Persuading people that what I have to offer was worth their time and money wasn’t always easy. It still isn’t at times, but I’ve learned some things in the past few years and I’d like to think that I’ve come a long way from where I started. For example, building good relationships with other people has been something I’ve come to value a lot in the past few years (and I’d say Jason is a big part of that). I’ve always known people in different industries and I’ve always thought about how those people could connect and help each other out or help me out. It’s something that I often think about because everyone I know is looking to do something cool or something new, and if I can connect those people, great things can happen. Also, from time and experience, I’ve found that I care “more about relationships than transactions” at this point.
If I could have read The Soulful Art of Persuasion 10 years ago, my life would probably have been easier. Jason breaks it down into 4 principles and 11 habits, and reading them makes it seem so easy to do! You could probably learn something from just picking up this book and reading any few pages (although I recommend reading all the pages because there’s a lot of genuinely helpful stuff). Everyone benefits from being their authentic selves. Everyone benefits from living as better people…and everyone benefits from being more soulful. I’ve had to learn a lot about myself and how to become a persuasive person through trial and tons of error. (Isn’t that always true about life?) But my experiences and struggles make me unique so I don’t have any regrets about that. As the book says, anyone can learn to be persuasive if you work at it. And I’d say that these are all things that are worth working on because no matter who you are or what you do, you are worth it.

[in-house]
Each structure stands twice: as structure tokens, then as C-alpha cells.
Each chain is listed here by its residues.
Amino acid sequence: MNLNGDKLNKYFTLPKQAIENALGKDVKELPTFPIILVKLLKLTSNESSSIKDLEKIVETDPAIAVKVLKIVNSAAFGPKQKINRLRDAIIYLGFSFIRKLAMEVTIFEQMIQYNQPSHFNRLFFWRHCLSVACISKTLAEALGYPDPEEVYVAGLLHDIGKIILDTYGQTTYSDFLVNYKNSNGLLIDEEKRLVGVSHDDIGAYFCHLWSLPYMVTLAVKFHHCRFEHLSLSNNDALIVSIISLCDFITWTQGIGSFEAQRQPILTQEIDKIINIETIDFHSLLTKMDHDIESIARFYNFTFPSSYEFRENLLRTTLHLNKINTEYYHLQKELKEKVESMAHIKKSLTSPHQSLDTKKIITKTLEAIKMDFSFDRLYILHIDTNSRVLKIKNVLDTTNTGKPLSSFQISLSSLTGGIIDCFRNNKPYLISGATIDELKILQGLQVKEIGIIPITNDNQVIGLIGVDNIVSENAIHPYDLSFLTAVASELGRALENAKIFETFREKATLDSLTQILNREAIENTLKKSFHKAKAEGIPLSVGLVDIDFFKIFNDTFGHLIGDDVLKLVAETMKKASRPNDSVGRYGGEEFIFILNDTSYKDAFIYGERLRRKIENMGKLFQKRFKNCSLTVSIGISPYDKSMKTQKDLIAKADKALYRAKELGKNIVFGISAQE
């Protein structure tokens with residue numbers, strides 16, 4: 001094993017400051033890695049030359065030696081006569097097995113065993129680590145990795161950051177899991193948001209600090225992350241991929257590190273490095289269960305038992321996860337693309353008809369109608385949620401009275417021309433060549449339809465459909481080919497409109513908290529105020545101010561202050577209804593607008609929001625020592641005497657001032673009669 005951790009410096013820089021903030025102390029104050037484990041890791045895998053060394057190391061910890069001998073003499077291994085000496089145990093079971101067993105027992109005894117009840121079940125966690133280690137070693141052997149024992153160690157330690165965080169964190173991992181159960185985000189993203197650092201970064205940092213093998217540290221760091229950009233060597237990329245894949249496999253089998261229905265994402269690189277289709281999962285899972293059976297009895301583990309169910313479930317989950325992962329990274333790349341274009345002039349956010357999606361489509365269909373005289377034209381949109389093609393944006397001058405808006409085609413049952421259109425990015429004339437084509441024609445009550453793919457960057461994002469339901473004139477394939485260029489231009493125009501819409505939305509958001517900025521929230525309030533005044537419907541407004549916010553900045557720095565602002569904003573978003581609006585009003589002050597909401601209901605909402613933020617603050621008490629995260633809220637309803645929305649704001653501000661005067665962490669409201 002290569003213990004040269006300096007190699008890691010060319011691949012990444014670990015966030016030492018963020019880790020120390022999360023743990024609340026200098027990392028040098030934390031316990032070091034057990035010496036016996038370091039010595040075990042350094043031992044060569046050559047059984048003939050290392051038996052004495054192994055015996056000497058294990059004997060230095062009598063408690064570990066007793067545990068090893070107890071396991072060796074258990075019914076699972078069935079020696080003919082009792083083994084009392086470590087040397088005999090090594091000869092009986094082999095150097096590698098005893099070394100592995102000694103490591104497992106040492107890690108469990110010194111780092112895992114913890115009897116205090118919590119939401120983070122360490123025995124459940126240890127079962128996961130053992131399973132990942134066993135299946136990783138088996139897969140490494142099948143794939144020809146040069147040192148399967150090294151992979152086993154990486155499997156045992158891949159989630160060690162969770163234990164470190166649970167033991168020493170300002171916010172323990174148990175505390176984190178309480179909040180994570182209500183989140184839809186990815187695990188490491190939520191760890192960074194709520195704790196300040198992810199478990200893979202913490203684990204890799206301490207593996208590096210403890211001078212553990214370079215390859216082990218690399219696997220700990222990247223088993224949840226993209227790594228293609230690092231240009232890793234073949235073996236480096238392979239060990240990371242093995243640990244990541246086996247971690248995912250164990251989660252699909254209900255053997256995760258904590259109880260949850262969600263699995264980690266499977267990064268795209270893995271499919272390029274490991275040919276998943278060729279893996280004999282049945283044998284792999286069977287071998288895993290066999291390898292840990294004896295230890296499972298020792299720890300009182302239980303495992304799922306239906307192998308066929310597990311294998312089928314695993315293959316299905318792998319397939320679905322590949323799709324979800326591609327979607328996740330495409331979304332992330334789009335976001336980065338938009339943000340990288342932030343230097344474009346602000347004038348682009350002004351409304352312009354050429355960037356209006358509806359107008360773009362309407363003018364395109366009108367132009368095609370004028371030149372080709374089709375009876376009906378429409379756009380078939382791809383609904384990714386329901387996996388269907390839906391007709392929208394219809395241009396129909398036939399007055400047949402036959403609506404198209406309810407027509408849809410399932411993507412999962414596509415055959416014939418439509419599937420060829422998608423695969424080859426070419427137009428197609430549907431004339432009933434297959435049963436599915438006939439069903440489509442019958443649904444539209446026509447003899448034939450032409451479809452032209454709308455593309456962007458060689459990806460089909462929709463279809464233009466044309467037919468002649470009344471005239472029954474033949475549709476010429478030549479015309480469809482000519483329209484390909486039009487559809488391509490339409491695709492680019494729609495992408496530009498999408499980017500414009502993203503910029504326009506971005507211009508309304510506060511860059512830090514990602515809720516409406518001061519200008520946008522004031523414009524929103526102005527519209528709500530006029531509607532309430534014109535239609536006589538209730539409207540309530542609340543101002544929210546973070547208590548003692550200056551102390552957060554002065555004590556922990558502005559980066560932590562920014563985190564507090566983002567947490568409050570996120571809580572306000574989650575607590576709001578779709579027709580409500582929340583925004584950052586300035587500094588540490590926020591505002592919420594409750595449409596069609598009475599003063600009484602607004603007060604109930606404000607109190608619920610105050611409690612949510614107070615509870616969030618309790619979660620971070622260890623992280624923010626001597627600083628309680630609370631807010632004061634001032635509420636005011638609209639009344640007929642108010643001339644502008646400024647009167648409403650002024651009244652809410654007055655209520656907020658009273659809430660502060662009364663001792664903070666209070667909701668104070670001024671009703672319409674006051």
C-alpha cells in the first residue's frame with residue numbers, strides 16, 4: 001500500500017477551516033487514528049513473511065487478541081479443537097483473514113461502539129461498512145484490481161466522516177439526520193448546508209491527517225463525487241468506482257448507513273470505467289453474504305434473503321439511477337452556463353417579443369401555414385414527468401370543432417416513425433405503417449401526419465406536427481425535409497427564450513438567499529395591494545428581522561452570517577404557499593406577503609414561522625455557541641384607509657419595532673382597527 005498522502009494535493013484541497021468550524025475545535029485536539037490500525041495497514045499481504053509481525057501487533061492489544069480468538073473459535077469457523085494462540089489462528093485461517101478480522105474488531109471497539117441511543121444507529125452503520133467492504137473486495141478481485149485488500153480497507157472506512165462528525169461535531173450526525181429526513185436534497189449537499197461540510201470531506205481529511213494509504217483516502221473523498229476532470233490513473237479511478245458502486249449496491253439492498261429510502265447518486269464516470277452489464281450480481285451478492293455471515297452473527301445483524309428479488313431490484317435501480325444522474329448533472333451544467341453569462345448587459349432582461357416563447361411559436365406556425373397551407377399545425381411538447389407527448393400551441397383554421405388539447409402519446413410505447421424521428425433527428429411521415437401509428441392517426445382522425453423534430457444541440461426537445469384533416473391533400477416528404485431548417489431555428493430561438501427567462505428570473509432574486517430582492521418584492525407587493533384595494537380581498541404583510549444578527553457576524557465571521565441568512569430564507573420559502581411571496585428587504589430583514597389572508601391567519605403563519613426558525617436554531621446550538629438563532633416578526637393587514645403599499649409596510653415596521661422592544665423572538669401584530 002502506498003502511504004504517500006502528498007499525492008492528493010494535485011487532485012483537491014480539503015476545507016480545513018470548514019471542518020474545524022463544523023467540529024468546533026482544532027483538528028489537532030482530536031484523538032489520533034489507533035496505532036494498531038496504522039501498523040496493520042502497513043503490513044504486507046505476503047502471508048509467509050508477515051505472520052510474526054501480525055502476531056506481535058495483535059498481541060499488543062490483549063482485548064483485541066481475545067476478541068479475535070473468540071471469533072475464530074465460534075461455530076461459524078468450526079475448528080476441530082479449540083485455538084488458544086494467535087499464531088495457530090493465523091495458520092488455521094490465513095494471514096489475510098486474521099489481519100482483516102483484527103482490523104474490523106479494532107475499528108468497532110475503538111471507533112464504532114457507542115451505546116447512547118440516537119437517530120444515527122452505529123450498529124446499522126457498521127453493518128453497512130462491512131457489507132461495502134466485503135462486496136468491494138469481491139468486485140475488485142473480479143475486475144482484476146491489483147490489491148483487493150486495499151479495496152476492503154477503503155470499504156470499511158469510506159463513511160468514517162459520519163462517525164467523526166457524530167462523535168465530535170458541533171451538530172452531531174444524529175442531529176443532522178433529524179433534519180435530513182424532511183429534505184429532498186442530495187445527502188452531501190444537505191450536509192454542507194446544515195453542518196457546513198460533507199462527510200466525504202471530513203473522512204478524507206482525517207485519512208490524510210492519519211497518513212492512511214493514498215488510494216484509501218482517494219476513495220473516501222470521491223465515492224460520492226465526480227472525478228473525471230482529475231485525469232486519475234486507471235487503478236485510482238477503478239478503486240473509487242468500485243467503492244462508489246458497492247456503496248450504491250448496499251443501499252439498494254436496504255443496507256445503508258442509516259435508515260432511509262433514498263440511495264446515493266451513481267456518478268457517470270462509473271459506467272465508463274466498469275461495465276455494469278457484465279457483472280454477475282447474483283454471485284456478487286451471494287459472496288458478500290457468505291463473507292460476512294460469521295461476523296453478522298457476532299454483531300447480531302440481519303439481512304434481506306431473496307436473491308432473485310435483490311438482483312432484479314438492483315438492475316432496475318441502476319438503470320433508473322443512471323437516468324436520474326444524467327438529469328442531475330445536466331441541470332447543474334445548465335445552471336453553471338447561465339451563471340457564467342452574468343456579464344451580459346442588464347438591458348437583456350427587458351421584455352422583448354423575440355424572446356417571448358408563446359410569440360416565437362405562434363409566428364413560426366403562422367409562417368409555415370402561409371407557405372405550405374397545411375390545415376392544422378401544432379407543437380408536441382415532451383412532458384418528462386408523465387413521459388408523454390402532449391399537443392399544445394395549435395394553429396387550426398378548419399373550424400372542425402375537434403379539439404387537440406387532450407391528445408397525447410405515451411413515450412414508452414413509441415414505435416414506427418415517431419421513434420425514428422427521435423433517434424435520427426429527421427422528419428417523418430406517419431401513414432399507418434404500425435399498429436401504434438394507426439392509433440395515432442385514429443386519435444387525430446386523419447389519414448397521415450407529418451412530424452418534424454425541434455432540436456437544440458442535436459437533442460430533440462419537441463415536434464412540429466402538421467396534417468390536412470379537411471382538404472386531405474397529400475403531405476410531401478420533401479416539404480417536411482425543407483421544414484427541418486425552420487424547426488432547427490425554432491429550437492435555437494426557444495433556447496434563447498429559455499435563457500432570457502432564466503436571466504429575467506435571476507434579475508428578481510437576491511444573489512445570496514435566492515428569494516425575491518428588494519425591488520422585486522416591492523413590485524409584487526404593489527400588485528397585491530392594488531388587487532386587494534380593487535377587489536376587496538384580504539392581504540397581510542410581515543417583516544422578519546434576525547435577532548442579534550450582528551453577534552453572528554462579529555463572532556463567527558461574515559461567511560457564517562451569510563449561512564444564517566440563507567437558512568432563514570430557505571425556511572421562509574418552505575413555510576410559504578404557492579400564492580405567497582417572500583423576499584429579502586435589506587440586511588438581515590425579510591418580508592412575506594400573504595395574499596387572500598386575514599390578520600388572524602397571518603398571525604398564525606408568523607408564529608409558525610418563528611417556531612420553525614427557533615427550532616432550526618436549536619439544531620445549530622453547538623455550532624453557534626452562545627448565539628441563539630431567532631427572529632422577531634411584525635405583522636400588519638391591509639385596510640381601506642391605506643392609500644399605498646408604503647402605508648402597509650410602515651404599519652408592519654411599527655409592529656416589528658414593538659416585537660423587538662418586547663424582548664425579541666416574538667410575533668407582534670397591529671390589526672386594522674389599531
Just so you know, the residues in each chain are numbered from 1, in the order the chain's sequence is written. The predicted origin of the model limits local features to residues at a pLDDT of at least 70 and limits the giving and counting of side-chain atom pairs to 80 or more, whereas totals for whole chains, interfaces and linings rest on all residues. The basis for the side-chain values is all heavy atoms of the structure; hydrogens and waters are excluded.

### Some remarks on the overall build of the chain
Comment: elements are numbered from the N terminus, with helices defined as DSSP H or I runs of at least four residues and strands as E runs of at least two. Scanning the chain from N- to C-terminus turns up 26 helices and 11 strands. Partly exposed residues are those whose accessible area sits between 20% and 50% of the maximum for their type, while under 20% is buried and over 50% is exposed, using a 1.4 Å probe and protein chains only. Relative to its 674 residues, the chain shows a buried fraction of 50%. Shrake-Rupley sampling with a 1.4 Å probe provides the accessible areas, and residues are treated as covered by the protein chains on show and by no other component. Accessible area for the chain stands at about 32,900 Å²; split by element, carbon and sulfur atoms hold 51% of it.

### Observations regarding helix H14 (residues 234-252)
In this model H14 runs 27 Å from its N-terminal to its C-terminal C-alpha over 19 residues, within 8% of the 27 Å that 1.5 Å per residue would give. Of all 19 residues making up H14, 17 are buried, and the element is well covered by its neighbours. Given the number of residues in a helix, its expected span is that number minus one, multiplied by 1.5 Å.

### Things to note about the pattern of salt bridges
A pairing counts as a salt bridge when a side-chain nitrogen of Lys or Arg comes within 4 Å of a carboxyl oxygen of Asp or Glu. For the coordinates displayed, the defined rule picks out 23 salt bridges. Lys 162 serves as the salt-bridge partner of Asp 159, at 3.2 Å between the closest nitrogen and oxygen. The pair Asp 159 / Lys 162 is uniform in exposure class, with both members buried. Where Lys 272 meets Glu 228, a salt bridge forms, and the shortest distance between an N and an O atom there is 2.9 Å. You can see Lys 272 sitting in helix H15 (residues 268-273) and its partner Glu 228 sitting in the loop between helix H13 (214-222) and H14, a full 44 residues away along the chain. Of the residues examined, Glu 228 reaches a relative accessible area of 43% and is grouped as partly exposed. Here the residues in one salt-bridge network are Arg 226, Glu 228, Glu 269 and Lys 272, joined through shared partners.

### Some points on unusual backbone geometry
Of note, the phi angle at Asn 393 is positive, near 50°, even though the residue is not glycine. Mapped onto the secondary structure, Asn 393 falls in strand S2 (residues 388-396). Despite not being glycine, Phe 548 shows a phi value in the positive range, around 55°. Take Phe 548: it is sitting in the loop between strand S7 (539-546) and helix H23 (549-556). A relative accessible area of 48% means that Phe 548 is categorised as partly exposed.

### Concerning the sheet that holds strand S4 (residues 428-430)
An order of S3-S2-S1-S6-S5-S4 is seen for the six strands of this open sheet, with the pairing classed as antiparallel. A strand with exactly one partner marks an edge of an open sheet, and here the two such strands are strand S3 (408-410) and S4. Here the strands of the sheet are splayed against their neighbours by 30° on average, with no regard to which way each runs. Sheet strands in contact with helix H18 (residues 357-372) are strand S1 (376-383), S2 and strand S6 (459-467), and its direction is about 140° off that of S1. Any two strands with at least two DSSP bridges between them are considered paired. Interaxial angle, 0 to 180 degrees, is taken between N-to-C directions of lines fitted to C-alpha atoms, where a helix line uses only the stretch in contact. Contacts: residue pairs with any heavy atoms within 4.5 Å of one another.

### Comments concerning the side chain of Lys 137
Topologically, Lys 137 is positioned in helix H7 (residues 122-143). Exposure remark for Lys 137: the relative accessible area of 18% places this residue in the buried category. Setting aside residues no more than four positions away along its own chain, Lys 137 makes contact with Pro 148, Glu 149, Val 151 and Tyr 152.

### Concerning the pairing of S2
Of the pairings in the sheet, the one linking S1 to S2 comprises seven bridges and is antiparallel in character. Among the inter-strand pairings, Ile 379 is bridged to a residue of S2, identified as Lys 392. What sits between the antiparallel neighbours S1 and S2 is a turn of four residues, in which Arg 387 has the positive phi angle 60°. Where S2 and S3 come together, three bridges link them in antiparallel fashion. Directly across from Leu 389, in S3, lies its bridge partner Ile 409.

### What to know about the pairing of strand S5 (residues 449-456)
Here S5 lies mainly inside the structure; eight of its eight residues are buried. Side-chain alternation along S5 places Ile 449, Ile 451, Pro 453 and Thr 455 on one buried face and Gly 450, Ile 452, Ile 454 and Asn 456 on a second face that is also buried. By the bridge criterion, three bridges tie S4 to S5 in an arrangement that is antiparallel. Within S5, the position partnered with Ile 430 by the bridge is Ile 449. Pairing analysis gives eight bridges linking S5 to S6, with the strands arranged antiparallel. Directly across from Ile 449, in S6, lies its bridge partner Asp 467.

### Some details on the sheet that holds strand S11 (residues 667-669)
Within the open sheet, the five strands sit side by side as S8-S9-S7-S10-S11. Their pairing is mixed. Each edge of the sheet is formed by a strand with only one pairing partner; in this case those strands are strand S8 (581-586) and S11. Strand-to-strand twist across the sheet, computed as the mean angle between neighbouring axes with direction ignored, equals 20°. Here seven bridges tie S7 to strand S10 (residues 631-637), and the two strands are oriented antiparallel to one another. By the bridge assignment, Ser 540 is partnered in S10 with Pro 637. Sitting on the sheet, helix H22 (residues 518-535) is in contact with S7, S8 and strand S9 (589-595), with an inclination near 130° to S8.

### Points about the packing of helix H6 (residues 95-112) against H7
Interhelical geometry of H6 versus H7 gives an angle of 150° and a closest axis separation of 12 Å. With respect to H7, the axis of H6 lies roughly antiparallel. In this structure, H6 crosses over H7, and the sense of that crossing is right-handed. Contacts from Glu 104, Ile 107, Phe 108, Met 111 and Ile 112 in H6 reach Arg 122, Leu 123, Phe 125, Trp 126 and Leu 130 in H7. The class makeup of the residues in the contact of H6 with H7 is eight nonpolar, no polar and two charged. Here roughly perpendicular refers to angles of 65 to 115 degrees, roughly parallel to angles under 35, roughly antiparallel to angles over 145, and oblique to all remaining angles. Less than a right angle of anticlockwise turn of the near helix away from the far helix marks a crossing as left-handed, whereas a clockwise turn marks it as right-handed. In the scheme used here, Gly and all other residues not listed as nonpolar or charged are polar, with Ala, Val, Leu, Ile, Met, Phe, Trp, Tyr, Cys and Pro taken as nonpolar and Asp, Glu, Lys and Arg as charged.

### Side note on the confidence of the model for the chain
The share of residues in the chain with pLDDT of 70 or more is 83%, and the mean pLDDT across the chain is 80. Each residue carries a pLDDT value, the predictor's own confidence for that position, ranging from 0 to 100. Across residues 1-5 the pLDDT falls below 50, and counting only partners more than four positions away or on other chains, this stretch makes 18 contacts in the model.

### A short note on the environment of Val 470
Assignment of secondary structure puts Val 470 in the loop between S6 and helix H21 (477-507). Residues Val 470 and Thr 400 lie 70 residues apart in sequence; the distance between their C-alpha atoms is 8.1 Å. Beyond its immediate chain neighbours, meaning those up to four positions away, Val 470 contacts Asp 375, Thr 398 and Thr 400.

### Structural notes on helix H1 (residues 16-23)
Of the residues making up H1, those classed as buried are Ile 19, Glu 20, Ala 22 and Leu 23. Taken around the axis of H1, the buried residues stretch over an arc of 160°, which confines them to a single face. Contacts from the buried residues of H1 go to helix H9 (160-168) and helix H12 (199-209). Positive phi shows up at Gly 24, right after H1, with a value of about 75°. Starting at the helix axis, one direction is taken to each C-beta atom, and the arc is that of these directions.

I’ve already talked about my running routine and how it is usually the start of my day. But it’s probably my least favorite form of cardio. I prefer rowing over running, but you can’t row whenever or wherever you want unless you have your own rowing machine. The same goes for stationary and regular biking. And swimming is even less accessible for some people. For me, the best form of cardio is something most people do often when they’re children: jump rope.
Remember the days when jumping rope didn’t seem like a workout at all and it was just fun and playing around? Double Dutch right by the stoop and all that good stuff! As a kid you don’t think about the benefits or skills involved with skipping rope. There’s a reason why boxers are often seen skipping rope, though. Skipping rope involves coordination and helps improve footwork. More importantly, it improves rhythm! When you’re jumping rope, you should be on the balls of your feet, not flat-footed with your heels touching the ground. You want to be light on your feet, just like when you’re boxing.
Jumping rope also helps to build up endurance over time. Believe it or not, it burns calories more efficiently than running at times. It’s great cardio! And a really important aspect of jumping rope for those who get injuries from running—jumping rope a relatively low-impact exercise. So it’s something that won’t wear on your joints over time like running does.